Theses and Dissertations

Issuing Body

Mississippi State University


Olsen, Carrie D.

Committee Member

Olsen, Gregory D.

Committee Member

Strawderman, Lesley

Date of Degree


Document Type

Graduate Thesis - Open Access


Aerospace Engineering

Degree Name

Master of Science


James Worth Bagley College of Engineering


Department of Aerospace Engineering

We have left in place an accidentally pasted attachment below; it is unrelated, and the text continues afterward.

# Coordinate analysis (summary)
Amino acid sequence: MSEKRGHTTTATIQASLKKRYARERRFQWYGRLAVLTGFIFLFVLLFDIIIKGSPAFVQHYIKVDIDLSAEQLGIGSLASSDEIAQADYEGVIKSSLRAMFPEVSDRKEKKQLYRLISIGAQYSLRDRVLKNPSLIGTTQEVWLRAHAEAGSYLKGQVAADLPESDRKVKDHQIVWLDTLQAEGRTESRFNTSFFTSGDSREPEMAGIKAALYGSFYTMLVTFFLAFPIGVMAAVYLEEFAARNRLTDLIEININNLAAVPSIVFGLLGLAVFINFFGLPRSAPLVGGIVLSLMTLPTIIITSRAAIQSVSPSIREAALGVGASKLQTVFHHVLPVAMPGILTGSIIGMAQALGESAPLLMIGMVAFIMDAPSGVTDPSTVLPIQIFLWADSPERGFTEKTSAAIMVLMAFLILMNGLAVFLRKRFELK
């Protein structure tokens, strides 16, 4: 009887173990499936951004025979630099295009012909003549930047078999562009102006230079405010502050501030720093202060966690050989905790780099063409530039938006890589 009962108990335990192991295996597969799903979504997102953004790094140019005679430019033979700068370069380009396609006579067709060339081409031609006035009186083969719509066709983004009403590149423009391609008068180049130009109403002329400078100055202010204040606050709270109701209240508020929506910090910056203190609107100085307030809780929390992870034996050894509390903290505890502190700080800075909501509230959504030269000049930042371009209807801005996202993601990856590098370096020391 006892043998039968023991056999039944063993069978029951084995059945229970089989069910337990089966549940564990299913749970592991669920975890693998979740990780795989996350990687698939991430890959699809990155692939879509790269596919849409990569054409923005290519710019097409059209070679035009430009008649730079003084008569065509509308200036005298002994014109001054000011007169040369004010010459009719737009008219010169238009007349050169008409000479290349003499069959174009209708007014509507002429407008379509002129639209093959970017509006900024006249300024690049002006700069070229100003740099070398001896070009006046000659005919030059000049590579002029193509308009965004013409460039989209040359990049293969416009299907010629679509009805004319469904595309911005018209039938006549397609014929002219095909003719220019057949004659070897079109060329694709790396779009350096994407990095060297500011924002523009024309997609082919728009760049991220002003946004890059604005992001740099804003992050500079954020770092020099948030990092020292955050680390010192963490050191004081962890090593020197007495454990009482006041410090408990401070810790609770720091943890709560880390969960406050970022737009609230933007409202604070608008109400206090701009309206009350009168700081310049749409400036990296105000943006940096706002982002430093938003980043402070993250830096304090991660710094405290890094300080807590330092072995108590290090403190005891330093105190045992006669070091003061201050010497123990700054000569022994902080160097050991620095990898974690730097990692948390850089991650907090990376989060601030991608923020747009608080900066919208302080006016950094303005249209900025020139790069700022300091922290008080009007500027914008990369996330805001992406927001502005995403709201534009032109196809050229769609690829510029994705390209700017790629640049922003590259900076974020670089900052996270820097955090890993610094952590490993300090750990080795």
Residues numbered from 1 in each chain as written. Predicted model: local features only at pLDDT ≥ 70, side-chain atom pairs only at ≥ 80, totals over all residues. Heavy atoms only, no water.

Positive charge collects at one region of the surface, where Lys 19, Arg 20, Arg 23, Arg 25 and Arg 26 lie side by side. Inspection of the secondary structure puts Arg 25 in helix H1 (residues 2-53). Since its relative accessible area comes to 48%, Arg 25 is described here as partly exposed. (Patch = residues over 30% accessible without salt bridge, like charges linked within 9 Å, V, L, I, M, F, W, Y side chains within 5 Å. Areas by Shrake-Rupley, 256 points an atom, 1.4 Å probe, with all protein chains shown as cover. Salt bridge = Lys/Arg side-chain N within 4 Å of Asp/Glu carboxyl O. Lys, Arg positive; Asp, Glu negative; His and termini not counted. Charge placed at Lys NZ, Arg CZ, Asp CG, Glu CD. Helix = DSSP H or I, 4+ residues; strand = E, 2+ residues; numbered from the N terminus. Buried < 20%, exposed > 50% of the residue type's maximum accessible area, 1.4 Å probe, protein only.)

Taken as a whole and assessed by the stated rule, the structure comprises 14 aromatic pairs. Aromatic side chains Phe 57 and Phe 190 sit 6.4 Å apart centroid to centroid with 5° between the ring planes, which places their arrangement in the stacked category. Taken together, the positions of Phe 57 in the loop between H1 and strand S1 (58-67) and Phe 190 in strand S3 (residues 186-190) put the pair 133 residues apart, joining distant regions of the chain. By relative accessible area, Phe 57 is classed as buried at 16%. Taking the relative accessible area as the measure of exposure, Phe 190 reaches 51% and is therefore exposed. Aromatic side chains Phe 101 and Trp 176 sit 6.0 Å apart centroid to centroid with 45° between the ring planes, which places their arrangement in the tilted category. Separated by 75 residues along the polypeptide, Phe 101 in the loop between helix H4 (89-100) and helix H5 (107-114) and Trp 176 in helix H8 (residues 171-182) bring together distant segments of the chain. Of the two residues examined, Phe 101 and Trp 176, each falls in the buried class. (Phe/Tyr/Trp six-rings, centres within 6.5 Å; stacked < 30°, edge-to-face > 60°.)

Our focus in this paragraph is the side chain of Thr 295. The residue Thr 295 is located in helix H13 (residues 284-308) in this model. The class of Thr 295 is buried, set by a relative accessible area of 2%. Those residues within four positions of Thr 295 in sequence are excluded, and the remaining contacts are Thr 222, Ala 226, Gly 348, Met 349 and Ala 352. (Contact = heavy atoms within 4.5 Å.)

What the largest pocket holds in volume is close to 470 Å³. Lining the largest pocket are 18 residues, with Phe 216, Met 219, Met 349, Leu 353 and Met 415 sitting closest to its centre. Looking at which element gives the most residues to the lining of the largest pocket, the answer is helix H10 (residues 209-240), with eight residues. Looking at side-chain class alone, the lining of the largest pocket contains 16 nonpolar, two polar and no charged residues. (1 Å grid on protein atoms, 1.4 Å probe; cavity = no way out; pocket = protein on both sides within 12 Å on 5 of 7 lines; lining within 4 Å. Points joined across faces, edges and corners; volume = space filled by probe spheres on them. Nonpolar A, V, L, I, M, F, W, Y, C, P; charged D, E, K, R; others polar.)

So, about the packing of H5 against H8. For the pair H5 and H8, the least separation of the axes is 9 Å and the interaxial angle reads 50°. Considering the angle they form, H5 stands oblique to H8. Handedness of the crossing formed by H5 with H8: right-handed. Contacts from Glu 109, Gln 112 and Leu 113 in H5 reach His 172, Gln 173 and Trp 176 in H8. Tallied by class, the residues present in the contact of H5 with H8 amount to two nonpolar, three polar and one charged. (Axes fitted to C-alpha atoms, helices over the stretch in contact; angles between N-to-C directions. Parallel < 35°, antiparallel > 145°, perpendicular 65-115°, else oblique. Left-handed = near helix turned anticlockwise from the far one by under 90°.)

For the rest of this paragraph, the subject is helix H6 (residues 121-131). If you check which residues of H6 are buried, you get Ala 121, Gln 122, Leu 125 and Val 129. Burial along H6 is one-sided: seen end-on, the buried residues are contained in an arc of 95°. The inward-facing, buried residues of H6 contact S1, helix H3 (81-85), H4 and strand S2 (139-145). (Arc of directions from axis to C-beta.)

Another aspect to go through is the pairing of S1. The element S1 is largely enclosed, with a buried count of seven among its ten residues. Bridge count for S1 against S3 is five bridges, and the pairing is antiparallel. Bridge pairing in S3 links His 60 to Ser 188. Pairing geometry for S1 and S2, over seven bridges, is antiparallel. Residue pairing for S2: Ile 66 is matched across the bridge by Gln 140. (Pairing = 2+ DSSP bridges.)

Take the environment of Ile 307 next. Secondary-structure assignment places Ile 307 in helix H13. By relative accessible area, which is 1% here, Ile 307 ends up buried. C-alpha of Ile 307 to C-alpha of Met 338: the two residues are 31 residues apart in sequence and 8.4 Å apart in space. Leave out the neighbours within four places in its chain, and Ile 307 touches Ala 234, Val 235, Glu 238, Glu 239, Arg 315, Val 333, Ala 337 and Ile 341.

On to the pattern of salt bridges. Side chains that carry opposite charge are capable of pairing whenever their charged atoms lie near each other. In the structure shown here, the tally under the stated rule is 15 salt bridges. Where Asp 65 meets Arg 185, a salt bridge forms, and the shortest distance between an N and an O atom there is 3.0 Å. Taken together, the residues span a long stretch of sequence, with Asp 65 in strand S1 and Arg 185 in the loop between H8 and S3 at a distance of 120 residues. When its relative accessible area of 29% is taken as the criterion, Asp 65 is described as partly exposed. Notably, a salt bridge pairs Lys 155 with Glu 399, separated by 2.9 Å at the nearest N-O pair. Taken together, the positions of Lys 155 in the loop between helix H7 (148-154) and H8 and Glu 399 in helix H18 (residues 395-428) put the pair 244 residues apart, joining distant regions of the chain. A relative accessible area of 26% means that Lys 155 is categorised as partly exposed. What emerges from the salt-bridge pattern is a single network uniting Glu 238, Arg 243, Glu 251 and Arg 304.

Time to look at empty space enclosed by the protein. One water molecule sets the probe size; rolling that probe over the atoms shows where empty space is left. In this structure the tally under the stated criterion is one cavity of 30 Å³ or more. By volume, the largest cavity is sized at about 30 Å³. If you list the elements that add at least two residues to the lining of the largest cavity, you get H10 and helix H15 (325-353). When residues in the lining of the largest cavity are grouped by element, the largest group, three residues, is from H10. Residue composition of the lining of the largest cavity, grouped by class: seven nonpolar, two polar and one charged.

The International Space Station utilizes many different forms of written and verbal communication between the flight crews and ground control personnel. This study analyzes the historical use of three regular communication methods, Daily Planning Conferences, Weekly Planning Conferences and written Daily Summaries, as well as specific, science and internal maintenance events for characteristics and perceived effectiveness across eight expeditions (4 ? 11). The results are recommendations for the continued use of, or substitution for, these methods for future long-duration human space missions, specifically to the Moon and to Mars. General conclusions are that most of the conference content could have been relayed through written/electronic methods, and that the Daily Summaries are considered succinct and effective as a communication cornerstone. Conclusions formed from the study of individual events involved the importance of well-written crew procedures, the effective stowage and retrieval of necessary materials and the selection of well-defined science experiments.